Below is information to guide residents and owners on Fire Door Safety Guidance in line with the Fire Safety Act:

What is a fire door and what are they designed to do?

Fire doors are specialist doors that have been tested against the elements and are purpose-built to withstand roaring fires for as long as possible. They enable buildings to compartmentalise and delay the spread of fire from one area to another and form a crucial part of a passive fire protection strategy.

Certified fire doors will be given a fire-resistance rating, which details the length of time the door set and its materials will be able to withstand smoke and fire – either 30 or 60 minutes, depending on the rating. They are fitted with intumescent strips (or seals) that expand to fill the gap between the door and the frame.

Fire doors have a few vital safety features and really can be the difference between life and death. Two of the most important functions fire doors have are:

• When closed, they form a barrier to stop the spread of fire.
• When opened, they provide a means of escape.

What is the legal requirement for the checking of fire doors?

Under the Regulatory Reform (Fire Safety) Order 2005 (FSO), persons in control of the premises have a responsibility to ensure their properties and tenants are safe. In the first instance, the Responsible Person will arrange for a Fire Risk Assessment to be undertaken which will look closely at the fire safety arrangements as a whole, however, the responsibility extends to the arrangements for periodically checking the fire doors in blocks of flats and this includes wherever possible the entrance door to the individual flats.

In addition to the FSO, further legislation was introduced in 2023 that makes a requirement for additional fire door safety checks in blocks of flats that are greater than 11m or 5 floors in height (including ground floor). The additional provisions require communal fire doors to be checked quarterly and flat entrance doors to be checked (best endeavors) annually.

Features of fire doors

Fire doors are made up of various components. The door itself is usually made from a solid timber frame, but they can sometimes be covered again in fire-resistant glass. This glass should be able to withstand exposure to the heat condition in a fire test for at least 30 minutes before it reaches a temperature high enough to soften it.

Around the edges of the door will be the intumescent seal or intumescent strip. An intumescent seal is chemically designed to expand when temperatures reach above 100 °C to seal the gaps between the door and frame and the strip can swell up to 10 times it’s width to seal the frame. Additionally, some doors, including your flat entrance door will contain seals that have an integrated brush to stop the spread of smoke which is often prevalent in the early stages of a fire.

Fire door hinges are specially fire rated and the screws are an important part of the door set and most doors are fitted with an overhead positive self-closing device. This image demonstrates the different elements of fire safety on a door:

Fire Door Safety Do’s & Dont’s

Do close all doors before retiring to bed, especially any door between the lounge/kitchen and circulation hallway.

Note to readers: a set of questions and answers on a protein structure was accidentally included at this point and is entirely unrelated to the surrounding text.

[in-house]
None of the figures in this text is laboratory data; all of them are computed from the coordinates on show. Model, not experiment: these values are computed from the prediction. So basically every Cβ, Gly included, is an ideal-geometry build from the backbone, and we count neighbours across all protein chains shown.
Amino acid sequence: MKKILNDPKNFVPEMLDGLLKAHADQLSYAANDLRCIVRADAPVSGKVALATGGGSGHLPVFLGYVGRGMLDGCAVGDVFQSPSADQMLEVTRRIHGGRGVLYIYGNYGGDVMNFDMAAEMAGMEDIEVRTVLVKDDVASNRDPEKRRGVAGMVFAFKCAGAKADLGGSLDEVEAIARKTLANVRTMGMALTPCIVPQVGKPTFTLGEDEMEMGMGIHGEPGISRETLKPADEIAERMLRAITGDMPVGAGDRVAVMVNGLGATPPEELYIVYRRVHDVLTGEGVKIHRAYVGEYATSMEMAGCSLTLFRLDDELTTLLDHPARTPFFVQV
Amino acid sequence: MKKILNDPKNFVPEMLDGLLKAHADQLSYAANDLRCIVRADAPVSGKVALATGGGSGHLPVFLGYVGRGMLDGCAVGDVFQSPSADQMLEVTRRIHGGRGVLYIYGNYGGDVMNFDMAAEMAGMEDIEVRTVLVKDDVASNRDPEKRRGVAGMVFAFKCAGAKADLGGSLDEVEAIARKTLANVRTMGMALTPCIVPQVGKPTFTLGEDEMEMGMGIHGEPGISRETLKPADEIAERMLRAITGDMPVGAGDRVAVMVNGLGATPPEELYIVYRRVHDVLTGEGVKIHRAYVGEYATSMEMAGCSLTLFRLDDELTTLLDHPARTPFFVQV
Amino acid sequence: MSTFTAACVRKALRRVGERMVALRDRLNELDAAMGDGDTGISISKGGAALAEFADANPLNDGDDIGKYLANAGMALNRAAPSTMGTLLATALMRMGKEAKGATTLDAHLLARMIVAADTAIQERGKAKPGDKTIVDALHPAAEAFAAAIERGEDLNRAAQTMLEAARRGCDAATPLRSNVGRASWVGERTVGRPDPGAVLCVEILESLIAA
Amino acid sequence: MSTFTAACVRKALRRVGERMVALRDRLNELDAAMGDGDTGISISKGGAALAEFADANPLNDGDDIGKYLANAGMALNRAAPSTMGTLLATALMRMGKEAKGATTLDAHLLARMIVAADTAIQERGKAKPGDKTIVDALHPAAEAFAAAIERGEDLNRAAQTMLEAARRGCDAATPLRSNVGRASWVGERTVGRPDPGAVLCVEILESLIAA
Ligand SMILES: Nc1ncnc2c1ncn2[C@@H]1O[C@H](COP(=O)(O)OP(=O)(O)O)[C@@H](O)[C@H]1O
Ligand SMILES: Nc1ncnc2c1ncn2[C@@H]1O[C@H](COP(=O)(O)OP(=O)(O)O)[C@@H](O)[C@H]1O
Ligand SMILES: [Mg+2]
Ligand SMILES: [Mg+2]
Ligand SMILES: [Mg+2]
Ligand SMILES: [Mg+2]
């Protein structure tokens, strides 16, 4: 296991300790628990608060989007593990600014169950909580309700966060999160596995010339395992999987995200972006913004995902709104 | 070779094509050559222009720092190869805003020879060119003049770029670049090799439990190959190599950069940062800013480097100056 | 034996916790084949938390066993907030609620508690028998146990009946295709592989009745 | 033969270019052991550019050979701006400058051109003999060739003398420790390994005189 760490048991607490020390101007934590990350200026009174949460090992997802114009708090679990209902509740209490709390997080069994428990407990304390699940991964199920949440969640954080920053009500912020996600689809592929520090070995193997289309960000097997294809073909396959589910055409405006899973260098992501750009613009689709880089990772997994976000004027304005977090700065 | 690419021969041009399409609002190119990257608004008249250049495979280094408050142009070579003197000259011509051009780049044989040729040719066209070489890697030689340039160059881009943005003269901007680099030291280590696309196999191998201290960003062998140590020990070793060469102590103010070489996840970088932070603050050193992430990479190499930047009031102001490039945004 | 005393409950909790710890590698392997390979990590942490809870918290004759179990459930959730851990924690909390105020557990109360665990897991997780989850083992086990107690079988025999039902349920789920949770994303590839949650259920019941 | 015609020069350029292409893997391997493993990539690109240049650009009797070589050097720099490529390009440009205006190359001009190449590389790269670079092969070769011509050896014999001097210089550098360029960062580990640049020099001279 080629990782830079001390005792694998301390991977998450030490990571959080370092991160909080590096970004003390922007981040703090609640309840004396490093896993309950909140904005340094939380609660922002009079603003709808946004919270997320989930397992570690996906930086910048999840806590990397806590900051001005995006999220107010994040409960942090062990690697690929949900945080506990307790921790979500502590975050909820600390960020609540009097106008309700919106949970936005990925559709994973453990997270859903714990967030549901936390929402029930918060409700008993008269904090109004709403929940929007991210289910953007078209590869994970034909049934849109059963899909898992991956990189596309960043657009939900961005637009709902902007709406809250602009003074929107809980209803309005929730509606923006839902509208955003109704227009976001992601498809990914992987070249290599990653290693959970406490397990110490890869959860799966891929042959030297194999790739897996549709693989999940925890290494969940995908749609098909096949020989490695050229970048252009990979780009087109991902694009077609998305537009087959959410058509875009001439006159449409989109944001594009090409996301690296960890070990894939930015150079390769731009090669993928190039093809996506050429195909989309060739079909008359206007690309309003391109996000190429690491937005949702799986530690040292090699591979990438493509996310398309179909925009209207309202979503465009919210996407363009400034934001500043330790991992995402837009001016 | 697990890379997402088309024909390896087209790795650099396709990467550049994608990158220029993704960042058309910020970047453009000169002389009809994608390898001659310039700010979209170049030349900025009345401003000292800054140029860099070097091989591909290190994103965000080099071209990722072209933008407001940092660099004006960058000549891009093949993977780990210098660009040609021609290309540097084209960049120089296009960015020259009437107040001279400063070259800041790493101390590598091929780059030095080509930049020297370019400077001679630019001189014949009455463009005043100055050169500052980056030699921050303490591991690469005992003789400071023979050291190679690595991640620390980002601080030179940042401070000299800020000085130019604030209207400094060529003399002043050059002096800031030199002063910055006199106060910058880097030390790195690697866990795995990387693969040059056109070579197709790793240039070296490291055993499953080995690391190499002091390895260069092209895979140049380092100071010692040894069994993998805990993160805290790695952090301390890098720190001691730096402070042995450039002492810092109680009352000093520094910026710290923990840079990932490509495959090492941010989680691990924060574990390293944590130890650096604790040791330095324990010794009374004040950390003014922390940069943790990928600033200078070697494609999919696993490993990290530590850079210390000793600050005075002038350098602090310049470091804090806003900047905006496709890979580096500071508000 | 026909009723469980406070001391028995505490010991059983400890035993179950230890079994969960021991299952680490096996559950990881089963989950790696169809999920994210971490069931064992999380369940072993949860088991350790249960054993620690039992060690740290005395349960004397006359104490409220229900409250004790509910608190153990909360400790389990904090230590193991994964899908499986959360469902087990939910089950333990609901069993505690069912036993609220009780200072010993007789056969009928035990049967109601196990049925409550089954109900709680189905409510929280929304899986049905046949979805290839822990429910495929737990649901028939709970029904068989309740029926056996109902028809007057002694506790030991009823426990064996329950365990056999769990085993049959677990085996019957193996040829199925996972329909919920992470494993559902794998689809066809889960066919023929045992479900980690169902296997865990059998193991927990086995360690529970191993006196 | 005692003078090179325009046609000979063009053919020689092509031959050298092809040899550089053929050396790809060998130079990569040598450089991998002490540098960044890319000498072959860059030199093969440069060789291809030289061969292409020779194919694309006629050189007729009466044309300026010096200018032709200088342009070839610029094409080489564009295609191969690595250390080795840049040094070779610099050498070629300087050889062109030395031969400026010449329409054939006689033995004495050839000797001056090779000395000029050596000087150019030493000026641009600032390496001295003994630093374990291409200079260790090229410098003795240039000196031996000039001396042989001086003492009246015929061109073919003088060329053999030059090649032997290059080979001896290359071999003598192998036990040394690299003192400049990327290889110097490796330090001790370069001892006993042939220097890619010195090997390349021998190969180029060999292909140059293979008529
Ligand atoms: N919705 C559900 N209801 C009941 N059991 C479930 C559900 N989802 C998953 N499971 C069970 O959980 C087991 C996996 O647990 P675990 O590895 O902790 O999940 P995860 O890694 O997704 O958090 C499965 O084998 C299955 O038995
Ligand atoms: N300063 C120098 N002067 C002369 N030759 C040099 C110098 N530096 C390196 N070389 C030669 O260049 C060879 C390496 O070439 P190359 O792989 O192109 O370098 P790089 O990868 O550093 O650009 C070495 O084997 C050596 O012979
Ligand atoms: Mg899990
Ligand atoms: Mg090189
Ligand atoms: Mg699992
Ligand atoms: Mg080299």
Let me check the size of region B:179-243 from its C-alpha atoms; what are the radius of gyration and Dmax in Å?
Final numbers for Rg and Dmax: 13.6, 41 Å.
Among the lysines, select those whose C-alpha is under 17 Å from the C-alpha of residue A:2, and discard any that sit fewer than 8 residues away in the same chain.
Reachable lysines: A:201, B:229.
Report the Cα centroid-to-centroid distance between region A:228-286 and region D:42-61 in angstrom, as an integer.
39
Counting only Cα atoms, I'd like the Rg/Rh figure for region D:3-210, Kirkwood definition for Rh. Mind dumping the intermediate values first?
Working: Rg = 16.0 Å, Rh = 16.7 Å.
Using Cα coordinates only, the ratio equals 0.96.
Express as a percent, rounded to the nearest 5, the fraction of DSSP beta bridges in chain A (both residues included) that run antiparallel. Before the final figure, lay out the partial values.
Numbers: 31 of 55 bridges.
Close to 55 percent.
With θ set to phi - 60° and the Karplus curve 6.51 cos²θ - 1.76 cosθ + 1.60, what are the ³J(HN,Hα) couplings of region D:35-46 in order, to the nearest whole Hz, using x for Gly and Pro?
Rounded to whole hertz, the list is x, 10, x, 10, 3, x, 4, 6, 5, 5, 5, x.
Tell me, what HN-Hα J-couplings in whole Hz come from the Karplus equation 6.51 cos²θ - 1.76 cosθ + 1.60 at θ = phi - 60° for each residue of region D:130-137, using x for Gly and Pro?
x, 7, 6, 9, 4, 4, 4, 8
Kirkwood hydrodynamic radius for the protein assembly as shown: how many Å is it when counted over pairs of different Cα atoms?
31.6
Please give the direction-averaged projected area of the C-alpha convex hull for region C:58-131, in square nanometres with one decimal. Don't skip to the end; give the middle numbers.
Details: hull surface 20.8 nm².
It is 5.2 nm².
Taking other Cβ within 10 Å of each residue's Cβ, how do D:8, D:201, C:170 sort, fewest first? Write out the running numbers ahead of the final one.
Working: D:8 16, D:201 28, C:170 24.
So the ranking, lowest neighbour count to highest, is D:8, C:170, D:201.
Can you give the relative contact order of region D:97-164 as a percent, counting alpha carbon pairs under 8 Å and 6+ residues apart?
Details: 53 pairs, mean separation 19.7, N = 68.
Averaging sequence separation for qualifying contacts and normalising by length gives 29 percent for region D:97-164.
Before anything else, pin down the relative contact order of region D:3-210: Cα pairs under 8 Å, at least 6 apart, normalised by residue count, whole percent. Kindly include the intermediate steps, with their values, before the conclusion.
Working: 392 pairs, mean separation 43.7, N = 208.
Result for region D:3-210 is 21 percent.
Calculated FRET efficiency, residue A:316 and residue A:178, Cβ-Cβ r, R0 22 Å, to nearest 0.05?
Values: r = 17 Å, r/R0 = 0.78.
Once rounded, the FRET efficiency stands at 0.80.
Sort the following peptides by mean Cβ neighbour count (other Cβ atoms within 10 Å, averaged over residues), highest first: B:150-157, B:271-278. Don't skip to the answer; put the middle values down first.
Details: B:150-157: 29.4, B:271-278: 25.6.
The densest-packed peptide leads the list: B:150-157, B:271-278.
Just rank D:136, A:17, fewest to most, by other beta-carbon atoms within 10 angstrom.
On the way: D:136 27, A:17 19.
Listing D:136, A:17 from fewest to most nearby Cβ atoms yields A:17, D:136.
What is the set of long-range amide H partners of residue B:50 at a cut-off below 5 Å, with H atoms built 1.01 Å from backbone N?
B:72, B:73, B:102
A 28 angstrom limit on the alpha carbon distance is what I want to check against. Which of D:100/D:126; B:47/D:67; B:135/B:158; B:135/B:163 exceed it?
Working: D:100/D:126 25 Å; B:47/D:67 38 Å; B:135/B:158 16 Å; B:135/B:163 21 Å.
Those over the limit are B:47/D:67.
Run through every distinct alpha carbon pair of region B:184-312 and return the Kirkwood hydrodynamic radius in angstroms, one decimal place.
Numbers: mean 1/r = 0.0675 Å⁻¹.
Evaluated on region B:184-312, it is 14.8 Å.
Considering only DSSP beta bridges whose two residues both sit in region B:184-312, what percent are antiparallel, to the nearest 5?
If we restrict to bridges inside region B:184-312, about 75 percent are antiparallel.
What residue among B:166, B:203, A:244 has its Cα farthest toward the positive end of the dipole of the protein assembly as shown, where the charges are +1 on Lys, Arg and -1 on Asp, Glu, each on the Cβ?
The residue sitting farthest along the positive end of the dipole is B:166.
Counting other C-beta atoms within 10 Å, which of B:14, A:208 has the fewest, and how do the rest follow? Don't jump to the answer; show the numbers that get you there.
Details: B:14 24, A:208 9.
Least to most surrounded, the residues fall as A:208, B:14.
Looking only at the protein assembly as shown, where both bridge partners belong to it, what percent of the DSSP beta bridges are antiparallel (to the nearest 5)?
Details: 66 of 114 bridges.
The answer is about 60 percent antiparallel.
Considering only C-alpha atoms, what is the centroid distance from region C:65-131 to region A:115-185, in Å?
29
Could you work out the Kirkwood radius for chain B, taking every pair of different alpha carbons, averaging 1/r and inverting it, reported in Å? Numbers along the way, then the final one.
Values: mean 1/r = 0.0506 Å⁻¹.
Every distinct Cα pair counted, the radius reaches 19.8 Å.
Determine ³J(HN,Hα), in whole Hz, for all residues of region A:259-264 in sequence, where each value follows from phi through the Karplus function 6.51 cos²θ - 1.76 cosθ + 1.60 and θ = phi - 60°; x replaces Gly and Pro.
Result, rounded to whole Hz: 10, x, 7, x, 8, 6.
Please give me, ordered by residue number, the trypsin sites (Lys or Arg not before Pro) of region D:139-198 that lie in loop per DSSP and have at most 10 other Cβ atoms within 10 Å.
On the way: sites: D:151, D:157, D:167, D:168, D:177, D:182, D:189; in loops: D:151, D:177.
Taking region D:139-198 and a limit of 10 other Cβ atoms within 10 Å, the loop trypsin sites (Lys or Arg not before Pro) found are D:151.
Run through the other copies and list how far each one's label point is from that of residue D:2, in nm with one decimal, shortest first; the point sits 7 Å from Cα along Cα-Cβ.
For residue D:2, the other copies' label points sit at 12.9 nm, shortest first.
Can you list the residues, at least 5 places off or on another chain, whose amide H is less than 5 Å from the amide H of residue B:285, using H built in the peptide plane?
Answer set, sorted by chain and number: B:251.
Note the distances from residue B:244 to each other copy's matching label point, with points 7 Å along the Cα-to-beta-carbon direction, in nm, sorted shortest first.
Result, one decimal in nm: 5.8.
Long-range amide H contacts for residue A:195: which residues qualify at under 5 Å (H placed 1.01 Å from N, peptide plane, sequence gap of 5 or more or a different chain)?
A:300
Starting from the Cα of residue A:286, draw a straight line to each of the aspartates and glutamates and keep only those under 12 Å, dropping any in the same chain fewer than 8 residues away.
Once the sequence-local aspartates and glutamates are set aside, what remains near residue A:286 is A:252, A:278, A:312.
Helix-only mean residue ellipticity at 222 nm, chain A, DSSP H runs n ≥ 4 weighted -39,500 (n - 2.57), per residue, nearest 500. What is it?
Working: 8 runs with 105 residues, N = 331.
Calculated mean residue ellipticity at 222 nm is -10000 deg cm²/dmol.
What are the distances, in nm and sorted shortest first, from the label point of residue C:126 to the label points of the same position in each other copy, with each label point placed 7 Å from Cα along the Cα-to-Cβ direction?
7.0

Do check that your flat entrance door fully closes flush into the door frame under its own weight.
Do report any damage to flat entrance or communal fire doors to RMG as soon as possible.

Don’t replace and door with a non-fire rated door. Certification should always be provided that the door and assembly are tested to approved standards.
Don’t paint over intumescent strips or smoke seals.
Don’t wedge open doors.
Don’t fit noise quietening pads to door frames. If the doors close too quickly or bang then the self-closer maybe adjusted.


Why is an annual fire door inspection required?

The Fire Safety (England) Regulations 2022 made it a legal requirement from 23 January 2023 for responsible persons (usually the Managing Agent) for all multi-occupied residential buildings in England with storeys over 11 metres in height to undertake annual checks of all flat entrance doors that lead onto a building’s common parts.

What if I live in a new build flat?

Most new build flats come with a two year warranty. Any defects found during this period can be referred to the developer. For flats over two years old, a defect may be considered by the developer if it can be proven that the door was never compliant. However, just because a door fails it doesn’t mean that it was never compliant as doors are subject to natural wear and tear. If you have any queries on the defect found then please reach out to your Property Manager.

How do I book an appointment?

In order to schedule your visit, you will need to contact where applicable or by calling 01992 801 036 between the hours of 9 a.m. – 5.30 p.m. You can also visit to book your appointment.

What do I do if I need to re-arrange my appointment?

Should you need to rearrange your appointment please contact or call 01992 801 036 and the team will be happy to make any changes to your appointment.

If I miss my visit, what should I do?

If you happen to miss your visit please don’t worry. The surveyor will complete an external door check and we will contact you within 6 months to rearrange.

What will the surveyor do inside my apartment?

Our surveyor will just need to check the inside of your door to ensure that self-closing devices are working, and the doors are in efficient working order and good repair.

How long will the visit take?

All of our appointment should take a maximum of 20 minutes.

If there is a problem with my door what will happen?

The owner of the property is responsible to ensure that your door meets the requirements set out under the Fire safe Regulatory Reform (Fire Safety) Order 2005 (FSO). – We will contact you within 14 working days if there is a problem with your door to advise what will need rectifying.